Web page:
International Symposium on Urban and Peri-Urban Horticulture (UPH) in the Century of Cities

The First International Symposium on Urban and Peri-Urban Horticulture (UPH) in the Century of Cities held on 6-9 December 2010 in Dakar, Senegal attracted more than 200 participants from 39 countries of Africa, America, Asia and Europe. The symposium was convened and jointly organized by the Government of Senegal and FAO Plant Production and Protection Division under the auspices of ISHS. The symposium covered key links in the production, supply and value chains and it was organized into 5 plenary sessions:

  • Session 1: The impact of urbanization and the role of UPH
  • Session 2: Characterization of urban and peri-urban agriculture
  • Session 3: Measuring the contribution of UPH to urban food supply, nutrition, income generation and livelihoods
  • Session 4: Management of natural resources and waste for UPH
  • Session 5: Safeguarding food quality and safety and growers’ health, safety and welfare

The symposium in itself was a great success for the many participants who attended but also for the variety of issues addressed: 18 stands with different life displays of local and regional partners that have engaged in UPH-related activities; 26 posters; 8 keynote presentations; 20 oral presentations in plenary sessions; 16 seminars/workshops on subject matter specialities (48 presentations) and 3 technical tours (micro-gardens; horticulture training college; seed company). There were also a couple of round table discussions on specific topics that needed to be debated. The symposium also provided information on the UPH's contribution to urban food supply, nutrition and livelihoods and it laid down the foundations for increased policy and institutional support and networking for UPH. The symposium also gave the opportunity to share with participants the preliminary status report on urban and peri-urban horticulture (SOUPHA) based on the survey study conducted prior to the Dakar meeting. The keynote presentation on “The place for urban and peri-urban horticulture in feeding the urban poor: Researchable issues for horticultural science” set the scene for the symposium, highlighting the values of UPH and the key constraints. A key message from the presentation is that UPH for food and income security is a fact of life in thousands of towns and cities around the world.

Other important statements made during the symposium include:

  • UPH has been forever a reality. Interventions consist of upgrading it from an informal status to a fully acknowledged sector of activity that plays a key role in urban food and nutrition security, employment and income generation for the low income families.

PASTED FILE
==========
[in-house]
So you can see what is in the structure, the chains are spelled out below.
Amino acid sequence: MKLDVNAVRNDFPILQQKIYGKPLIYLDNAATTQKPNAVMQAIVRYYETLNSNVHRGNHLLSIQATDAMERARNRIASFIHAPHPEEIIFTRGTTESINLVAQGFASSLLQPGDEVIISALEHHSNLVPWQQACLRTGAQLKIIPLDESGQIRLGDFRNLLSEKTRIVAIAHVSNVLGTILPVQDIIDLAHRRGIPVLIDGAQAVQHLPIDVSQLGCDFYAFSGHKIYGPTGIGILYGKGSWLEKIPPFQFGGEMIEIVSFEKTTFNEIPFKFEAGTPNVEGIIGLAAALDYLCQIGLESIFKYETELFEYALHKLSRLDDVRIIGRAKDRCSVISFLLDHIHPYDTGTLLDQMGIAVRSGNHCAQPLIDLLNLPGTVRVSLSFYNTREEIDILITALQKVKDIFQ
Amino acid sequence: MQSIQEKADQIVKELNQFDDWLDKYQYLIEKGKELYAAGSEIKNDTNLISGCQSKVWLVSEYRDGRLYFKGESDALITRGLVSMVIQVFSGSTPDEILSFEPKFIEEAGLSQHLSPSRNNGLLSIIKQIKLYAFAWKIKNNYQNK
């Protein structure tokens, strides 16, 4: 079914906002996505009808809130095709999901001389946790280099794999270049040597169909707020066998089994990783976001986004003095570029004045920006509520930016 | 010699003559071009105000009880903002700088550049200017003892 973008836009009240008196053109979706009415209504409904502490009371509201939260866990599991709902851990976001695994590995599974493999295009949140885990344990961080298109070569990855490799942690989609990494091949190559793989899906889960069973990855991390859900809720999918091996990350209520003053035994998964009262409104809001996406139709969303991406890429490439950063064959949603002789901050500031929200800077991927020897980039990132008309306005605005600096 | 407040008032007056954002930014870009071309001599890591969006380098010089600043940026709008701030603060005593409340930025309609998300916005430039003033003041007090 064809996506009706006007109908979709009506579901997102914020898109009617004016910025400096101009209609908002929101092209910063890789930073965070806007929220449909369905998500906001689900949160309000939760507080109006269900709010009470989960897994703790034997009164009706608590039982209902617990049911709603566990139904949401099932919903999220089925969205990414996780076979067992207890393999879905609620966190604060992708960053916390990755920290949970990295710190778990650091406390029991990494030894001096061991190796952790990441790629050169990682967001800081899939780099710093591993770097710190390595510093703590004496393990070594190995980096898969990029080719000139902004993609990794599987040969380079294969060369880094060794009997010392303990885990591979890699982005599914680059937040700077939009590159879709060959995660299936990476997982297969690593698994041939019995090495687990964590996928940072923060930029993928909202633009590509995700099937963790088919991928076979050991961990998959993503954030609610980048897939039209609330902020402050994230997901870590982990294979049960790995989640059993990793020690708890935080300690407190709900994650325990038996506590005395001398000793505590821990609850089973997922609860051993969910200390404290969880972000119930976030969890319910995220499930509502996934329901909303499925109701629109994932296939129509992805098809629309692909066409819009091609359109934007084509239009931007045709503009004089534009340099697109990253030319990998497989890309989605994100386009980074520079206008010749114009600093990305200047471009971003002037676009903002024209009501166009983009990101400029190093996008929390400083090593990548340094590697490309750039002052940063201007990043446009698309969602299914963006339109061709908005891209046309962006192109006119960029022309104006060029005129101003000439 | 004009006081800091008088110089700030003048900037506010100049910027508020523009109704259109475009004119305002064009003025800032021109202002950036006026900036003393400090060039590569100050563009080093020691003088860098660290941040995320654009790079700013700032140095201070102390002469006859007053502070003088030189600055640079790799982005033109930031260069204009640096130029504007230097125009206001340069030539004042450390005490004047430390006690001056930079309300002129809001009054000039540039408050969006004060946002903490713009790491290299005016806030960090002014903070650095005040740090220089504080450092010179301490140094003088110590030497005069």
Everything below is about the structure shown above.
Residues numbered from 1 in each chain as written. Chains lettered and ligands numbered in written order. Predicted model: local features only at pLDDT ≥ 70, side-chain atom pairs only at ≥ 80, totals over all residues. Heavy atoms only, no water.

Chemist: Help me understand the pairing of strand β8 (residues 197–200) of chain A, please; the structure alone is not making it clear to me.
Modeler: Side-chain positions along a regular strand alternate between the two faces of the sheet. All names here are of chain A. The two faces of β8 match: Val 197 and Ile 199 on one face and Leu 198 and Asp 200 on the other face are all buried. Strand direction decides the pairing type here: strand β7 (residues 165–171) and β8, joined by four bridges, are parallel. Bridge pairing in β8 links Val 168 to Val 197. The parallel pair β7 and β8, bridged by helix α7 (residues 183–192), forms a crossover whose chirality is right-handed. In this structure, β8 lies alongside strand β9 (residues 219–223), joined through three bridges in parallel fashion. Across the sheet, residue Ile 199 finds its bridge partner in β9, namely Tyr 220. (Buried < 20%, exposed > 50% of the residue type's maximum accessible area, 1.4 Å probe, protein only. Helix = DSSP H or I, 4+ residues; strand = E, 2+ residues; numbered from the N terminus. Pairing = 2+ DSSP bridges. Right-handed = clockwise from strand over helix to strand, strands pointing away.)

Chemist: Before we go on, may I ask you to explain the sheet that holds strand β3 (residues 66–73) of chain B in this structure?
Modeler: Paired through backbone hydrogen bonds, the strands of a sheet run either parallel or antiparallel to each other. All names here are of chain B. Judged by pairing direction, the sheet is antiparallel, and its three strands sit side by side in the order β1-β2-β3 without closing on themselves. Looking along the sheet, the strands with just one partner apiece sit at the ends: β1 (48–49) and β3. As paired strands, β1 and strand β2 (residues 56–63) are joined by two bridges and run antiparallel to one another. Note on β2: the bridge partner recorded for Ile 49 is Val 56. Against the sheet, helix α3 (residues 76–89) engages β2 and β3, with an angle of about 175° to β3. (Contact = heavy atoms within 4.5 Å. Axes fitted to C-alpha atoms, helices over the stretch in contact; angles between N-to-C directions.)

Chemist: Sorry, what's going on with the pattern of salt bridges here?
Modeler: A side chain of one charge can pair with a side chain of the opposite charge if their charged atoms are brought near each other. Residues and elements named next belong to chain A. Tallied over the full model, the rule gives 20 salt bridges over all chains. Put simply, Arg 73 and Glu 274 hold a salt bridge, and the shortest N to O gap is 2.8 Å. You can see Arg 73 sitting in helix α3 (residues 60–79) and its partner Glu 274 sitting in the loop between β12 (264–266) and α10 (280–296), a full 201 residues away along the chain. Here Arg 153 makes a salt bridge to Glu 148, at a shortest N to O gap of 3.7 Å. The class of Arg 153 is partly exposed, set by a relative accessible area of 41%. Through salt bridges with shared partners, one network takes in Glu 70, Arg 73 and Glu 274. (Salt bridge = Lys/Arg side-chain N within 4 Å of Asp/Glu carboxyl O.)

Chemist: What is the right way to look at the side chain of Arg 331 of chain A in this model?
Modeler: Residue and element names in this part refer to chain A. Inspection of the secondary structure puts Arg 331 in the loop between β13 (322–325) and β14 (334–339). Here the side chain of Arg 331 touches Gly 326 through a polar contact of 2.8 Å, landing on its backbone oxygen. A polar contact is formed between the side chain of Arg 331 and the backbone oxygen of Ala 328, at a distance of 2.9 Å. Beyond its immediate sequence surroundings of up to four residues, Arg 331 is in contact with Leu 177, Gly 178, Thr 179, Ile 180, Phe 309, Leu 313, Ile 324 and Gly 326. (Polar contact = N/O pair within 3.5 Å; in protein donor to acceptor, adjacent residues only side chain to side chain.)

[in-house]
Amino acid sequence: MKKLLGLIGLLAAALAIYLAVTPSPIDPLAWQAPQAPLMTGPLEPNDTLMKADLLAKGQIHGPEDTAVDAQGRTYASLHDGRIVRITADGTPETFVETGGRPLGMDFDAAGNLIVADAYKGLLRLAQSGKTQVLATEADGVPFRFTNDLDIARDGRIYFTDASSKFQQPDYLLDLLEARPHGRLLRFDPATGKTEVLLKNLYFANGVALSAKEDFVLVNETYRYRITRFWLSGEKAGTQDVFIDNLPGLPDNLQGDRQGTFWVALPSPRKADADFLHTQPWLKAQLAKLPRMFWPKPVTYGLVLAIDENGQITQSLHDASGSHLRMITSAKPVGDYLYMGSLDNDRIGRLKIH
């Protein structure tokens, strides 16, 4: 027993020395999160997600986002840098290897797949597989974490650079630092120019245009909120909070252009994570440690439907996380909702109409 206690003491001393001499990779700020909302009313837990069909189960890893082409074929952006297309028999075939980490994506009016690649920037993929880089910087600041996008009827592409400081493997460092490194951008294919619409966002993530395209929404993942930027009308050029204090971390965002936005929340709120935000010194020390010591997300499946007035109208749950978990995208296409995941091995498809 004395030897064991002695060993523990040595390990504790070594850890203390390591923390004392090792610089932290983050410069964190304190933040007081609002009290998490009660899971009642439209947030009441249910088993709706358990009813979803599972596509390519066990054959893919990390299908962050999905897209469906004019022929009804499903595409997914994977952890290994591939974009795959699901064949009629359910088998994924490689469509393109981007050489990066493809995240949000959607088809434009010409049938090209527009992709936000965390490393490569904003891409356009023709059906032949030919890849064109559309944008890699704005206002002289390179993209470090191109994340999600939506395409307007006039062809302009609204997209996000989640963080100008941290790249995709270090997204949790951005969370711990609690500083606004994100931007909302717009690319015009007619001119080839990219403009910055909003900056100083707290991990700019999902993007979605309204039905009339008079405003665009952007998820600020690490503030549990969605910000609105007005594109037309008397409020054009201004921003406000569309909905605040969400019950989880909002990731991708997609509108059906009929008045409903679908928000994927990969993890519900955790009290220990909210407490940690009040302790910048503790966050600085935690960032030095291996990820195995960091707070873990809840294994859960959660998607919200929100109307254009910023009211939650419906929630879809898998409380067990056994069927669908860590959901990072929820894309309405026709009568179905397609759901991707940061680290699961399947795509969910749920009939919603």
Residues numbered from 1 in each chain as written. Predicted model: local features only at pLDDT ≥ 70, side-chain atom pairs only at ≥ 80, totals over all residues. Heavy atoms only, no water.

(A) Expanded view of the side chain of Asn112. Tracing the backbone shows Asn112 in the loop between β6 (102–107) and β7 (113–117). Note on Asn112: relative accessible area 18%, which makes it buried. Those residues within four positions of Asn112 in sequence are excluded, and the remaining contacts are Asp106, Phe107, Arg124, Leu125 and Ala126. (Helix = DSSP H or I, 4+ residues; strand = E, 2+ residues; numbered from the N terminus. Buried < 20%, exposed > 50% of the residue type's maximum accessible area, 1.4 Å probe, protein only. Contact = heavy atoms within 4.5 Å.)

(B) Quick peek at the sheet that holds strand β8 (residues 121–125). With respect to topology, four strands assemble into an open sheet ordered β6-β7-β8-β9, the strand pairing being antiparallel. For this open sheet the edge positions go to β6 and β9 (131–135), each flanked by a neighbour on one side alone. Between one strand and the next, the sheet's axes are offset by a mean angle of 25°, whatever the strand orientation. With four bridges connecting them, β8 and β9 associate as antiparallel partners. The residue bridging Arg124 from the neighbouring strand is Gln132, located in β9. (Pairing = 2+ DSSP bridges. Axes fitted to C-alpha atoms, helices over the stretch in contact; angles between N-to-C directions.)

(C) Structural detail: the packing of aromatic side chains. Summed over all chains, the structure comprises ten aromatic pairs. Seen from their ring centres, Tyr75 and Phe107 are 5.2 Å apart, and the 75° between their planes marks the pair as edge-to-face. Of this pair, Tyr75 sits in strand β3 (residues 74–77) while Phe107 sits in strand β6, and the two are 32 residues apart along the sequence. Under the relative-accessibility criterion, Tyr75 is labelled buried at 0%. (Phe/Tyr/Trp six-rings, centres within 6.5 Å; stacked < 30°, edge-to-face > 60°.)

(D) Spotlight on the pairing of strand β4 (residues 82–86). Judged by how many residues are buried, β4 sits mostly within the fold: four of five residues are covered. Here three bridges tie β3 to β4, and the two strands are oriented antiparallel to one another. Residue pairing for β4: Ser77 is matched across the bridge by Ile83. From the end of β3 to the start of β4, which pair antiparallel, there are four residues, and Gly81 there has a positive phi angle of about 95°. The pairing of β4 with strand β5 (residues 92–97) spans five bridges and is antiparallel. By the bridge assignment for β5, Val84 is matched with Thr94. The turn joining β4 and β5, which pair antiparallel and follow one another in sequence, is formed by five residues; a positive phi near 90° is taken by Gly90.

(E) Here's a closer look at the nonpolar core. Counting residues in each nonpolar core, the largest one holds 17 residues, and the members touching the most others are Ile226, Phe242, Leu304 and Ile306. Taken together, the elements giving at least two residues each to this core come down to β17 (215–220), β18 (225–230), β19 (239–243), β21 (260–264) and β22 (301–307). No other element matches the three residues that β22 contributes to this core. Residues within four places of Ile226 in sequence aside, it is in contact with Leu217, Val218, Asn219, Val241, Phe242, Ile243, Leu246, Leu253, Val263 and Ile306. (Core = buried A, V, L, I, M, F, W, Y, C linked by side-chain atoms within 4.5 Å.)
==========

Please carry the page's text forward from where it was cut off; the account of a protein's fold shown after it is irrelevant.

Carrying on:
• UPH must not be addressed in isolation, it should be considered as a pillar of city planning and included in strategies to feeding the growing urban population of the developing countries of the world.
  • The urban population will continue to expand. This requires political decisions and strategies to make best use of city space and water resources and integration of UPH in the city master plans.
  • UPH is absent from training and research programmes; it is important to include UPH in training curricula and in the process of developing research strategy.
  • There is a need to develop methodology tools to collect information and to agree on indicators and parameters to characterize UPH and allow for more visibility and monitoring of future progress or regression.
  • UPH contributes to the achievement of the 8 MDGs.
  • Production within the urban and peri-urban environment facilitates access to fresh fruits and vegetables and reduces post-harvest losses significantly.
  • Urban Horticulture within cities reduces the heat island effect by evapo-transpiration and improves the air quality through the photosynthesis process by absorbing CO2 and releasing O2.
  • Rooftop gardens lower the building temperature and allow saving on energy for cooling.
  • Lack or weak pesticide-use regulations and control.
  • UPH contributes to in situ conservation of plant biodiversity.
  • UPH symposium should be organized on a regular basis (3/5 years) to assess the impact of interventions.

The symposium concluded with a plenary session during which participants made concrete recommendations for future interventions. The proceedings of the symposium will be published in a special issue of Acta Horticulturae. Overall, the aim of the symposium to foster lively debate and dialogue between participants was achieved. Feedback during the closing session indicated that participants were extremely satisfied with the outcome of the meeting and they are looking forward to the opportunity to meet in the Second International Symposium on UPH.

Contact: Plant Production and Protection Division, FAO, Rome, Italy,


Core Themes